My post about the symbolism of light and dark in the York Creation/Fall play contains references to history, culture, and a Meatloaf song. However, the information I draw upon is common knowledge and not research, so it might not be the strongest example of intertextuality. (Unless you are a Meatloaf fan.)

 

Discussion: I did not engage in any lengthy discussions, but I did spark a few semi-interesting ones. My post on Acts I and II of “The Cherry Orchard” generated three comments from other students who discussed the exaggerated and spontaneous emotions of the characters in the play.

My post about “Good Night Desdemonna (Good Morning Juliet)” inspired four students to comment on my perception of Constance’s journey, including Josh, who had the opposite views of Shakespeare parodies as me. I was glad that my post reached a wide audience and the way I expressed myself was respectful and informational enough to even appeal to someone who disagreed with me.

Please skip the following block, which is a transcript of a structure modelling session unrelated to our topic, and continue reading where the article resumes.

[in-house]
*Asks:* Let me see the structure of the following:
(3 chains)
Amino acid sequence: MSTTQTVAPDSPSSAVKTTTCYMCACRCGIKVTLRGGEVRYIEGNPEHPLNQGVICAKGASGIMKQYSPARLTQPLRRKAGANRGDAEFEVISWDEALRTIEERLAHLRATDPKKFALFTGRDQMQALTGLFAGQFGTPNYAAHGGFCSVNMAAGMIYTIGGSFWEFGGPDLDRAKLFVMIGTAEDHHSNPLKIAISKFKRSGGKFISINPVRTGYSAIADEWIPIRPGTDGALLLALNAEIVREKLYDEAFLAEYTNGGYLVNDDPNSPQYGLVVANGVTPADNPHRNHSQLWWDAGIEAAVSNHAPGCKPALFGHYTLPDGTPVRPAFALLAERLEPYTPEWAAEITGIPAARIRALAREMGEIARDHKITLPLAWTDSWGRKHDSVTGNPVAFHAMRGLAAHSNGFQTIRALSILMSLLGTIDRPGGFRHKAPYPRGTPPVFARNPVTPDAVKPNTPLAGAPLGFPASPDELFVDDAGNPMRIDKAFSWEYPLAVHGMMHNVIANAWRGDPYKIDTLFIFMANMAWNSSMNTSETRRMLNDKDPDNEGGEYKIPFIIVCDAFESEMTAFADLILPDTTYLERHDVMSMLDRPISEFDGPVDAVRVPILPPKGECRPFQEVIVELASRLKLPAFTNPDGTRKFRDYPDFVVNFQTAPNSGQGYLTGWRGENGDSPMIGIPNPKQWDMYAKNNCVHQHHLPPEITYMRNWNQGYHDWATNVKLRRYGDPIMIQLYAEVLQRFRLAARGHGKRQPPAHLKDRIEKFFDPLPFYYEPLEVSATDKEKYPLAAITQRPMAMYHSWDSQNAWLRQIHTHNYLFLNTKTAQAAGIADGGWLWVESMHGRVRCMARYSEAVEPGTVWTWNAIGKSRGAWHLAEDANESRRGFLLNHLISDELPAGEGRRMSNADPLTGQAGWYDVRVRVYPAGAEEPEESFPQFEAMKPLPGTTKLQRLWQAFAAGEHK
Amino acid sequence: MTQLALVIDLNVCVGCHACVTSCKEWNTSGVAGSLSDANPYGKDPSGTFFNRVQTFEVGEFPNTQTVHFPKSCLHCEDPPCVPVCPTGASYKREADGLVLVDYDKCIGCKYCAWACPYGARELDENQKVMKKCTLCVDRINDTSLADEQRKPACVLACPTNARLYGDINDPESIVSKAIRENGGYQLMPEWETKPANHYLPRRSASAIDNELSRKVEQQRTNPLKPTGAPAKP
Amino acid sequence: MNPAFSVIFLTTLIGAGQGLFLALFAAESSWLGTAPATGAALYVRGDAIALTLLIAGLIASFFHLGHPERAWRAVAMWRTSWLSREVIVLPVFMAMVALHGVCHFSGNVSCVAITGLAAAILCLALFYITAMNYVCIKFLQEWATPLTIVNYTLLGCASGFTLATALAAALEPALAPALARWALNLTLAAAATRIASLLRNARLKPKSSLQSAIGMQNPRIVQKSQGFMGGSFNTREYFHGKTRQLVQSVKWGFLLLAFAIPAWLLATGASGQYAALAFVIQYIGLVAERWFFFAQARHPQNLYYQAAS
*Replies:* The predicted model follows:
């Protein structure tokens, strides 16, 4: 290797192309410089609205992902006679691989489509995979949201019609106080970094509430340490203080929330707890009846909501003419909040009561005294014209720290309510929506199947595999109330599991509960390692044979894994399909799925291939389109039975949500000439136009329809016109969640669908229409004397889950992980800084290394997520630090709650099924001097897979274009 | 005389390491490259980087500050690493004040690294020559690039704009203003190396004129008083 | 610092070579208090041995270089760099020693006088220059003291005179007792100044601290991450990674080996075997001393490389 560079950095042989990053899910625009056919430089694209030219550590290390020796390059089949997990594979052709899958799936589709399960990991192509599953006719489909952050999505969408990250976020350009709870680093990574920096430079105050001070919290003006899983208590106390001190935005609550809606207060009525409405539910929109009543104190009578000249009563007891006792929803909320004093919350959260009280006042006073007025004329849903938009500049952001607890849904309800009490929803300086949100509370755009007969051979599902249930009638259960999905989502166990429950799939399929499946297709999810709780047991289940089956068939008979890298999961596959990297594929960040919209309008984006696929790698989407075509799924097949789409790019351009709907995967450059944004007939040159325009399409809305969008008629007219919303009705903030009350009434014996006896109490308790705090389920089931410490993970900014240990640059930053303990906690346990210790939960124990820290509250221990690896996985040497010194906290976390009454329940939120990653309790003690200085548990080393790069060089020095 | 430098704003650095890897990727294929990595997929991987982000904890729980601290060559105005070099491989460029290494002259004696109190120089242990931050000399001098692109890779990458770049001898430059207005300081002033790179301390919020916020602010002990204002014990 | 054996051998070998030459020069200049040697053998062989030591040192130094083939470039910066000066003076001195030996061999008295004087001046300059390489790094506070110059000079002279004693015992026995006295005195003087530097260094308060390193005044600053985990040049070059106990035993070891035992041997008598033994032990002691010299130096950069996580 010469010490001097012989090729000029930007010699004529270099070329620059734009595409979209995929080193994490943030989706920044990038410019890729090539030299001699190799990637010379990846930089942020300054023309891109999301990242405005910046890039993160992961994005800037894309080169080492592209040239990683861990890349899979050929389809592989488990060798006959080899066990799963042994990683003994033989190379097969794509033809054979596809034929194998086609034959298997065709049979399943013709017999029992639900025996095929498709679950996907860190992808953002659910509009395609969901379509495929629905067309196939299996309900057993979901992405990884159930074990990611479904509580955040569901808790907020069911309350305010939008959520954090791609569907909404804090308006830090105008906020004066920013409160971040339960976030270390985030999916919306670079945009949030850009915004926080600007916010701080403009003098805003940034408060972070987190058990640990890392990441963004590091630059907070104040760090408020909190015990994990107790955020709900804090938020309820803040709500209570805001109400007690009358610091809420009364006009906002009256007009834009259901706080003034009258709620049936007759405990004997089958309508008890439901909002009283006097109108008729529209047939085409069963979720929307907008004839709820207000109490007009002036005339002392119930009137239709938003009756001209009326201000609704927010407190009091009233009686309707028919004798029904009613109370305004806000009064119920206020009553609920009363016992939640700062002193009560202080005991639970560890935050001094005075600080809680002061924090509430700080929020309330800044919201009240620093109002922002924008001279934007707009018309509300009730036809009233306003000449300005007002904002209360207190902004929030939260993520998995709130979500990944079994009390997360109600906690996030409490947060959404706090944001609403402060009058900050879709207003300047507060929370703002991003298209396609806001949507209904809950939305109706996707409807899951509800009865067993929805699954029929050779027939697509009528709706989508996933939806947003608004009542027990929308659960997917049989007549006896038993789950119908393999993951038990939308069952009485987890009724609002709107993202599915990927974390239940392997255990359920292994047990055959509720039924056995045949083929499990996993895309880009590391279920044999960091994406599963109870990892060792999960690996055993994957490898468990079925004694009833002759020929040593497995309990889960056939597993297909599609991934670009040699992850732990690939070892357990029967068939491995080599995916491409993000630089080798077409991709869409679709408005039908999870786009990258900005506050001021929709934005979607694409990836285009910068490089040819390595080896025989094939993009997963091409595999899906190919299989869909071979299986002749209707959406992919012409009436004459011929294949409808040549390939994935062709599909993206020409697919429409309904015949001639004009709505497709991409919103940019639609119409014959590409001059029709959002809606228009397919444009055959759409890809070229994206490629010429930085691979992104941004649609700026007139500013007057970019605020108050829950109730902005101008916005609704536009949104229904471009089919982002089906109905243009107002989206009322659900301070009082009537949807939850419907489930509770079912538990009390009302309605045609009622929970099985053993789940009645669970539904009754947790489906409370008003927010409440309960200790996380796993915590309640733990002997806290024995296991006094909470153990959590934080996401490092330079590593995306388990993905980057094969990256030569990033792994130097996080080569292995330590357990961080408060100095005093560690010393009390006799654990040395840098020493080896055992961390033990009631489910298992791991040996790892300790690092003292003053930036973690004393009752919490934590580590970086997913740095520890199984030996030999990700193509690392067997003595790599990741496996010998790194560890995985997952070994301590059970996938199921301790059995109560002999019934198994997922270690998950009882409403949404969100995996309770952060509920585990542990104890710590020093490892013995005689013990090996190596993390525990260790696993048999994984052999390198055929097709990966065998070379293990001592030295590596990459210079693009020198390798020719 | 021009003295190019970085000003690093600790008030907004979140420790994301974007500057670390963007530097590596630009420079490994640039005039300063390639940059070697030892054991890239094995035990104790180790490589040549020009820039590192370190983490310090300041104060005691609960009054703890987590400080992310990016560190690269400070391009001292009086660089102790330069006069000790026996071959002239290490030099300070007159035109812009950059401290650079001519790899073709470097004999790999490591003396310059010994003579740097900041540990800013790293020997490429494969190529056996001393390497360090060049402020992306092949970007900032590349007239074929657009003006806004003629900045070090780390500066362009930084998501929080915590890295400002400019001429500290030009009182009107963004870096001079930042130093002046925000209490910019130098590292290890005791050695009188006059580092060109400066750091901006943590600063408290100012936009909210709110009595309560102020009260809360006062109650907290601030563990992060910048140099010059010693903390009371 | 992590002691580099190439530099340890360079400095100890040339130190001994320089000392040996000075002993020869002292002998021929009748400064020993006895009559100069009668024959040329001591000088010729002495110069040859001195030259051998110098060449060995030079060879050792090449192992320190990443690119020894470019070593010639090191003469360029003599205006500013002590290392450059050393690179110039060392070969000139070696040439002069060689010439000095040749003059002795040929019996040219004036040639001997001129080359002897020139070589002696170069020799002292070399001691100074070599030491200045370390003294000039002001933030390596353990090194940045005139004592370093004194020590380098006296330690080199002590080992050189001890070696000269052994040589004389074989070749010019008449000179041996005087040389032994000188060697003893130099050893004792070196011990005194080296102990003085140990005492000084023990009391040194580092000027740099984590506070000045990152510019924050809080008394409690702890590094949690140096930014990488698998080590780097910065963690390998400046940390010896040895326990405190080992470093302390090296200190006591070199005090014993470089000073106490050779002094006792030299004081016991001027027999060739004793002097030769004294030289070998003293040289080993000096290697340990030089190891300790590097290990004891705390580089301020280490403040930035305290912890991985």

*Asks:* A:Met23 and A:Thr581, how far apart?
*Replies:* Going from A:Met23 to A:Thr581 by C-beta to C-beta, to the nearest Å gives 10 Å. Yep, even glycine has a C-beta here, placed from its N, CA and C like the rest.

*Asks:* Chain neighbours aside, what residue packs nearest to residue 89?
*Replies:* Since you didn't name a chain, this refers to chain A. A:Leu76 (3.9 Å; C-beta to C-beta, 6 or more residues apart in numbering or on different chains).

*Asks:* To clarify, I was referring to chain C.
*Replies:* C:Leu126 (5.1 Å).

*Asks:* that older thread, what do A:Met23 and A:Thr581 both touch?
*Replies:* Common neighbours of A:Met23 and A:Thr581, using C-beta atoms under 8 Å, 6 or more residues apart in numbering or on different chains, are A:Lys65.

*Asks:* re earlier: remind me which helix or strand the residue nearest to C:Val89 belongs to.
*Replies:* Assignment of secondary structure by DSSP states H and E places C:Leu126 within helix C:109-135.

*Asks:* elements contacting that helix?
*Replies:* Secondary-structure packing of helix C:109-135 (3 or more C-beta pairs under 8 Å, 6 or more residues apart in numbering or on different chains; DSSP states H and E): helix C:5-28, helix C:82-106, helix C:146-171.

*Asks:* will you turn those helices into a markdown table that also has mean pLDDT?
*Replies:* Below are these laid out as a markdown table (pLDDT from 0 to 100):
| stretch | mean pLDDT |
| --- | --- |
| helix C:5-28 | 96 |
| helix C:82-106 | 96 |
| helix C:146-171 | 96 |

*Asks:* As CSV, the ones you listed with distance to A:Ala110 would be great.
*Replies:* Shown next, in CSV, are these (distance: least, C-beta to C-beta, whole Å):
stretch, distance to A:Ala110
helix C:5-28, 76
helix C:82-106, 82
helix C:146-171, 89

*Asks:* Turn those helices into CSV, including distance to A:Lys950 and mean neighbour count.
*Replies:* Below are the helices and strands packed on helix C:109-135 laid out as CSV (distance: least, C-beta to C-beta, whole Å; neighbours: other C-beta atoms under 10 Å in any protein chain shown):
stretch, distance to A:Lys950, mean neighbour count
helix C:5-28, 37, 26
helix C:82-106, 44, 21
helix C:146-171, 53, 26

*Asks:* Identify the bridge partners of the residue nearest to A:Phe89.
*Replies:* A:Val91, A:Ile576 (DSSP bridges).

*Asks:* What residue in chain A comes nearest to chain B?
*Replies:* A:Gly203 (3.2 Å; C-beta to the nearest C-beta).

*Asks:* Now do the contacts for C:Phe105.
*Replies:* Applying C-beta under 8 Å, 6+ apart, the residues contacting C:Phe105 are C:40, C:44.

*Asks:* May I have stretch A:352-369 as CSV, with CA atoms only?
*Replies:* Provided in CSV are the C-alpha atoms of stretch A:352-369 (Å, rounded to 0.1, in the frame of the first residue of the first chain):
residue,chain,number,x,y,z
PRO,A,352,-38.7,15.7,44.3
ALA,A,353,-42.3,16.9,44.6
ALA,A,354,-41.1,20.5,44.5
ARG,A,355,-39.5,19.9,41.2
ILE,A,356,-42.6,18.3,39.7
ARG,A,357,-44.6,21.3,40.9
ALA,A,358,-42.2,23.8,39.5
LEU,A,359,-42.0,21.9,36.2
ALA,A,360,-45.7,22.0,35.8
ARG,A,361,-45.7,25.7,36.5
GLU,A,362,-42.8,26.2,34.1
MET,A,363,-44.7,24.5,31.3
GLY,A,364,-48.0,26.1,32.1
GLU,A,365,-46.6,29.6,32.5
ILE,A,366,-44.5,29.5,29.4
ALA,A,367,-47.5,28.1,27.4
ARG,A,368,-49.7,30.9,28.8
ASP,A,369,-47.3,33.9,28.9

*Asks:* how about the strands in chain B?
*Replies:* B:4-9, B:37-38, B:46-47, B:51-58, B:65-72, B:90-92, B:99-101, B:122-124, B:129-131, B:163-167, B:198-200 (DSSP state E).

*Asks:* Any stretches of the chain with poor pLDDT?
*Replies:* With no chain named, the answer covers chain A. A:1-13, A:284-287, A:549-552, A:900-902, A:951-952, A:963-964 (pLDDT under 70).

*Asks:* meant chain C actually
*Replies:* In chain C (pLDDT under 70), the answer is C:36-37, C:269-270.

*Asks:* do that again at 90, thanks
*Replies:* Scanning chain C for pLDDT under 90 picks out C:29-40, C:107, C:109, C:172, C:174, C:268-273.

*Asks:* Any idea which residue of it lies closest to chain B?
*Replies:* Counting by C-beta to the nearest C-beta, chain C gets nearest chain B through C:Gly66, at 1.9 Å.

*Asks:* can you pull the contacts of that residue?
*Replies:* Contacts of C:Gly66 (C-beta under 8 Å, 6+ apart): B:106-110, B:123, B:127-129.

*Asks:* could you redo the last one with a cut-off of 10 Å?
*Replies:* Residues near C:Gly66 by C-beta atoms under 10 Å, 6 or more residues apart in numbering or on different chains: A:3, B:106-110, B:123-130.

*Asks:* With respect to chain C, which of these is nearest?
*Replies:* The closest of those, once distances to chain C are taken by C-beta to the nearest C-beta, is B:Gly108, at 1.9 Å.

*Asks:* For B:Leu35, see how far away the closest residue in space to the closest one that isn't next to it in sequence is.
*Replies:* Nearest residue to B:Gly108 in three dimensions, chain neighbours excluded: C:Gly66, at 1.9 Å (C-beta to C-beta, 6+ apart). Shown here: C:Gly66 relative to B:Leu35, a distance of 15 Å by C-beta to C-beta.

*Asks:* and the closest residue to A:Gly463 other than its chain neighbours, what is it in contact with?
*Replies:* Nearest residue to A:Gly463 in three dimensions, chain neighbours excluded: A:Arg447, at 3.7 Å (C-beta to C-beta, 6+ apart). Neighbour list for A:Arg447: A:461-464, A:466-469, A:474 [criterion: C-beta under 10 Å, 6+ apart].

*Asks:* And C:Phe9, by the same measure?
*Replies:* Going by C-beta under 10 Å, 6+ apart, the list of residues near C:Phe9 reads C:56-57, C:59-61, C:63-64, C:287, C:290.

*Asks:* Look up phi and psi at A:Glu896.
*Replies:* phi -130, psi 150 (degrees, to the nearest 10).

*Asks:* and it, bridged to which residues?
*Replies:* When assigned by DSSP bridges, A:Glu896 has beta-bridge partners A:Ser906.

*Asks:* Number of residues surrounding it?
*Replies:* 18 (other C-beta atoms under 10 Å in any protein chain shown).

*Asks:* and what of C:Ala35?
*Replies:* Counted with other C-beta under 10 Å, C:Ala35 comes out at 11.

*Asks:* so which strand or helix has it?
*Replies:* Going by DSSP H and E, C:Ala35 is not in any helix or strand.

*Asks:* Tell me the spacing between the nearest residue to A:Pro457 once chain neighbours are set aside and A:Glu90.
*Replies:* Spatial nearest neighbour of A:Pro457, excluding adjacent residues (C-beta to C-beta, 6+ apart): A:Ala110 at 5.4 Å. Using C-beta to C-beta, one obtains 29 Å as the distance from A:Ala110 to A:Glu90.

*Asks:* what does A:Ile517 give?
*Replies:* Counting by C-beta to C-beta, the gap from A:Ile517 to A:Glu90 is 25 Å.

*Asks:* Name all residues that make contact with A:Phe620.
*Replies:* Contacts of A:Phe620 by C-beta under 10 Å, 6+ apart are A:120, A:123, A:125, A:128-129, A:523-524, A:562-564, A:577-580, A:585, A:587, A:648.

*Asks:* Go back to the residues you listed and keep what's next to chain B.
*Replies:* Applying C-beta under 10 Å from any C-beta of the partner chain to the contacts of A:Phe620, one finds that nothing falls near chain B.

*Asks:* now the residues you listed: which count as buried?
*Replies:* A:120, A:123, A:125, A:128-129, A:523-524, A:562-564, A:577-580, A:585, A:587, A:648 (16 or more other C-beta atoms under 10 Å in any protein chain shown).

As for my interaction with other students’ blogs, I did not comment on nearly as many posts as I read. One notable follow-up of mine was a response to Maddie Robbins’ post connecting Lyubov to Gatsby. Her post inspired me to make a comic of Lyubov and Gatsby meeting (and bursting into song). She replied that she enjoyed the comic and thought it captured the erratic change in emotions of the characters in “The Cherry Orchard.”

 

Timeliness: Unfortunately, my posts are rarely early and more often than not, late. The earliest posts were submitted late because I added this class late and missed the first day, and it took me about two weeks to fall into the swing of the schedule. After that, some posts were still late either because I was too busy or too careless to submit them on time.